Why are GPUs so good at cracking passwords?

  • What is it about GPUs that lets them crack passwords so quickly?

    It seems like the driving force behind adopting good key-derivation functions for passwords (bcrpyt, PBKDF2, scrypt) instead of yesterday's cryptographic hash (MD*, SHA*) is that the later are vulnerable to programs that run on GPUs and guess huge numbers of passwords extremely quickly. Why should GPUs happen to be so much better at evaluating those hash functions than CPUs?

  • To complete @Terry's answer: a GPU has a lot of cores (hundreds). Each core is basically able to compute one 32-bit arithmetic operation per clock cycle -- as a pipeline. Indeed, GPU work well with extreme parallelism: when there are many identical work units to perform, actually many more than actual cores ("identical" meaning "same instructions", but not "same data").

    Some details, for a somewhat old NVidia card (a GTX 9800+, from early 2009): there are 128 cores, split into 16 "multicore units". Each multicore can initiate 8 operations per cycle (hence the idea of 128 cores: that's 16 times 8). The multicore handles work units ("threads") by groups of 32, so that when a multicore has an instruction to run, it actually issues that instruction to its 8 cores over 4 clock cycles. This is operation initiation: each individual operation takes up to 22 clock cycles to run. You can imagine the instruction and its operands walking into the circuit as an advancing front line, like a wave in a pool: a given wave will take some time to reach the other end of the pool, but you can send several waves sequentially.

    So you can maintain the rhythm of "128 32-bit operations per cycle" only as long as you have at least 22 times as many "threads" to run (i.e. a minimum of 22·128 = 2816), such that threads can be grouped by packs of 32 "identical" threads which execute the same instructions at the same time, like hip-hop dancers. In practice, there are some internal thresholds and constraints which require more threads to achieve the optimal bandwidth, up to about 4096.

    I could achieve close to 99% of the optimal bandwidth with a SHA-1 implementation. SHA-1 uses a bit more than 1100 32-bit operations (that would be around 900 on a CPU, but a GTX 9800+ has no rotation opcode, so rotations must be split into two shifts and a logical or), and the GPU ran at 1450 MHz, for a grand total of about 160 million SHA-1 computations per second. This can be achieved only as long as you have millions of SHA-1 instances to compute in parallel, as is the case for password cracking (at any time, you need 4096 parallel SHA-1 to feed the GPU cores, but you also have to deal with I/O costs for input of potential passwords, and these costs will dominate if you do not have a lot of SHA-1 instances to process).

    The host PC, on its CPU (a quad-core 2.4 GHz Intel Core2), could achieve about 48 million SHA-1 per second, and that was with thoroughly optimized SSE2 code. A single SHA-1 will use about 500 clock cycles on such a CPU (the CPU can compute several instructions in a single cycle, provided they don't compete for resources and don't depend on each other), but, for password cracking, it is worthwhile to use SSE2 with its 128-bit registers, and able to compute 4 instructions in parallel. With SSE2 constraints, it takes about 800 clock cycles to run four parallel SHA-1, so that's 200 clock cycles per SHA-1 instance. There are four cores in that CPU and the whole thing runs at 2400 MHz, hence 48 million per second.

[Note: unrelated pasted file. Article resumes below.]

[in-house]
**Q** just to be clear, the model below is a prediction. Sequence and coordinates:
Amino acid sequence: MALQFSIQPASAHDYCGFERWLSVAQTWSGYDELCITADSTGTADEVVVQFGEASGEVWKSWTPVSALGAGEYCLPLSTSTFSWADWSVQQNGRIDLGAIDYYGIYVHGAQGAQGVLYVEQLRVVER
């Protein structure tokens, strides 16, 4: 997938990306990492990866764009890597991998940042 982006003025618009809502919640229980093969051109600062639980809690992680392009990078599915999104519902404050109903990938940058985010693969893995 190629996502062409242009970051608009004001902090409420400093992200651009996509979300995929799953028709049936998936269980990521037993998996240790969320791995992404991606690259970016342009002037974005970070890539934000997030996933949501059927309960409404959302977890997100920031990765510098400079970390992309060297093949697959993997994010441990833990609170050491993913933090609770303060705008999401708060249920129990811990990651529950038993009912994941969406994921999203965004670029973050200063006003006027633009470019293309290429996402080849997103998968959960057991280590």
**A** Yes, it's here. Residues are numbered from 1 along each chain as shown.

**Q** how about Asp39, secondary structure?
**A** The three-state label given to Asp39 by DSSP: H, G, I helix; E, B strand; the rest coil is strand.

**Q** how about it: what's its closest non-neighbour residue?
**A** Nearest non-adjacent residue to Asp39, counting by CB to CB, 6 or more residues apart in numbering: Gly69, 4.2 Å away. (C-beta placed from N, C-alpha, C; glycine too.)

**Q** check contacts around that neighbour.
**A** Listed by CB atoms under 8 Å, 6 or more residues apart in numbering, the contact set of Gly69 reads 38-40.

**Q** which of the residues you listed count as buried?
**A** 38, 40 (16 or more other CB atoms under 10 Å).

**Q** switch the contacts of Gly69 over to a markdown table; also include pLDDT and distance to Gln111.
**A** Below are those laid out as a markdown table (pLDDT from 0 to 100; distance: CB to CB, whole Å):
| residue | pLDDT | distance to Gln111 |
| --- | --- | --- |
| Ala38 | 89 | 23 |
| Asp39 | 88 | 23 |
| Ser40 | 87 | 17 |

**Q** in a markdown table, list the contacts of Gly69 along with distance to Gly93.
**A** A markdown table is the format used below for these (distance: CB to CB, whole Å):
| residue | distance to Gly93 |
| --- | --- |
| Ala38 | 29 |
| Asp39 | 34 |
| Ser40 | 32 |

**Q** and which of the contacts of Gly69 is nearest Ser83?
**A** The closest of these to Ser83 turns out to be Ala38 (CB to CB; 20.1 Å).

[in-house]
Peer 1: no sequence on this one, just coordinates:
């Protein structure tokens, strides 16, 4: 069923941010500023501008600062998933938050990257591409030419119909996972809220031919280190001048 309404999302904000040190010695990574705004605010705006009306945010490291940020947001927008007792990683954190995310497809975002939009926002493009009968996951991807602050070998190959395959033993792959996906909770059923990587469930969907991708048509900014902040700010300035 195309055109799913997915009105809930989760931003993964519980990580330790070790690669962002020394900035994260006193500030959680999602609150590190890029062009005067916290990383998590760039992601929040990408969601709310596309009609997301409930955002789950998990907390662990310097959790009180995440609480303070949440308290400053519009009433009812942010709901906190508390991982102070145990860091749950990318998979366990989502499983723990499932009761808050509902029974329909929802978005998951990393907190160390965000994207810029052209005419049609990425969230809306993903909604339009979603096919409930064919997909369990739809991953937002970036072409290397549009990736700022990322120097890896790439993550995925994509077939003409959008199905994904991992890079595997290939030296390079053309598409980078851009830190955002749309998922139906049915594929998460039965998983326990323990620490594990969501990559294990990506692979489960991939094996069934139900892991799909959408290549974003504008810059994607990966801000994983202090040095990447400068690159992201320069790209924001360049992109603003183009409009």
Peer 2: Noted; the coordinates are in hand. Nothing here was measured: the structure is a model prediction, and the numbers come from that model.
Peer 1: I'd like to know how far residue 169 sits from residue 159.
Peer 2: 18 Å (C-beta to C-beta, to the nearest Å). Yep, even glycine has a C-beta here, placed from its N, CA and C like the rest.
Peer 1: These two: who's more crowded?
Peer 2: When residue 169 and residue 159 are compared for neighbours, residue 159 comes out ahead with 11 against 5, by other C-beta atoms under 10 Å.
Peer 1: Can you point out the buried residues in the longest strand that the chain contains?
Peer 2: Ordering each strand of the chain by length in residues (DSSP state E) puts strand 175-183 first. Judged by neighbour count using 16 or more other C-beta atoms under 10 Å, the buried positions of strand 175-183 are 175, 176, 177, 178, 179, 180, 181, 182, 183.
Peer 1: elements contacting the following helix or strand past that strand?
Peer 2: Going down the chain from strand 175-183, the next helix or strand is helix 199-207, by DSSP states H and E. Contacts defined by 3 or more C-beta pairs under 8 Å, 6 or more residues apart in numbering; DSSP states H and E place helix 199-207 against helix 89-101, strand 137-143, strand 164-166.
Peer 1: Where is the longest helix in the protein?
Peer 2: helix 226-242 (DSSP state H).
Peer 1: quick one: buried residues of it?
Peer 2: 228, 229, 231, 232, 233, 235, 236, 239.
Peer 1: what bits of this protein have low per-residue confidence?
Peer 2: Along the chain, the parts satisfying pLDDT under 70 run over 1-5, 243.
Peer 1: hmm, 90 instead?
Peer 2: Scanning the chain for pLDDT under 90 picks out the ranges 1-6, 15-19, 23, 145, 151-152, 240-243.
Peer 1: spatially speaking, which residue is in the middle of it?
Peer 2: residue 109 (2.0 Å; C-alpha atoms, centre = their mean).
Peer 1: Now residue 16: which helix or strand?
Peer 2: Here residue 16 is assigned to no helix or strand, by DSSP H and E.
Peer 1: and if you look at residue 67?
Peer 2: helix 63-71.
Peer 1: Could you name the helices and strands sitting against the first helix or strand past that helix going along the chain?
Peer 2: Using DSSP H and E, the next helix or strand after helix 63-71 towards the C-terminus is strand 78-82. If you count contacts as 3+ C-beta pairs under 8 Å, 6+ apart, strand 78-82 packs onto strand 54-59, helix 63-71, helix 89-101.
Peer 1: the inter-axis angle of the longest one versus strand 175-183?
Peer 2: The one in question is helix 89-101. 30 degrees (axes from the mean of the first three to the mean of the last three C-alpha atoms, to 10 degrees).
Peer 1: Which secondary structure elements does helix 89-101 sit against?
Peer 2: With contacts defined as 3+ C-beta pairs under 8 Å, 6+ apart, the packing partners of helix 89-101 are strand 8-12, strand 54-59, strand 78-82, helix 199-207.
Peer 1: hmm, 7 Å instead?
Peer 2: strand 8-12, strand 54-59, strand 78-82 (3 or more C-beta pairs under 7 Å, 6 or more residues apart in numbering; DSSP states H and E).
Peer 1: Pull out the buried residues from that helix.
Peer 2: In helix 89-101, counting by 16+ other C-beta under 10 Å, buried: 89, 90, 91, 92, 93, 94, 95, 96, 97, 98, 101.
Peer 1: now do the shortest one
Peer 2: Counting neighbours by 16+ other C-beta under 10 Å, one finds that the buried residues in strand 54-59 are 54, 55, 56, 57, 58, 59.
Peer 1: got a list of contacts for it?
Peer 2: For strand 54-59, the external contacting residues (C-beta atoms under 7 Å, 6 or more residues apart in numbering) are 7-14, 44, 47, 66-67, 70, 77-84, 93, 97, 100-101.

More recent hardware will be faster, but GPU more so. A GTX 680 sports a whooping 1536 cores, and there are two such GPU in a GTX 690. We are talking billions of SHA-1 instances per second here.

    (For comparison, I also did an implementation of SHA-1 on the Cell processor, i.e. the CPU in a PS3 console, with its 8 "SPU" coprocessors. One SPU was not available. With the 7 others, I reached about 100 million SHA-1 per second, i.e. better than a contemporary big PC CPU, but not as good as a good GPU of the same era.)

    Summary: GPU achieve great performance by using heavy parallelism, with hundreds (if not thousands) of cores. This is made possible by pipelining (each individual operation takes many cycles to run, but successive operations can be launched like trucks on a highway) and sharing instruction decoding (since many cores will run the same instructions at the same time).

    "Like hip-hop dancers" :)

    Some context on the numbers: assuming a set of about 100 possible characters, there are 1 trillion possible 6-digit passwords. At a billion passwords per second, this is a bit under 17 minutes to try every possible 6-digit password. Less if we assume the character set is smaller (most people will never use a good chunk of the printable ASCII character set in passwords). Another reminder to salt your hashes.

    Salts do not protect against brute force attempts. *Slow hashes* do.

    If a password algorithm were designed to maximize the usefulness of a GPU for validating a *single* password (e.g. given the password FNORD, compute iterated SHA-1 hashes for FNORD0000, FNORD0001, FNORD0002, etc. through FNORD9999 and then combine them via some method), would any kind of cracking-hardware be able provide more bang-for-the buck than would be available for a "good guy" system that needed to validate passwords one at a time?

    Do GPUs actually perform a single 32-bit arithmetic operation in a single clock cycle (taking into account latency so e.g. a throughput of 4 and latency of 4 would still count as 1 retired instruction per cycle)? I know that for CPUs at least, different kinds of arithmetic might take several cycles, even dozens (in the case of division, for example). Are GPUs not like that?

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Content dated before 7/24/2021 11:53 AM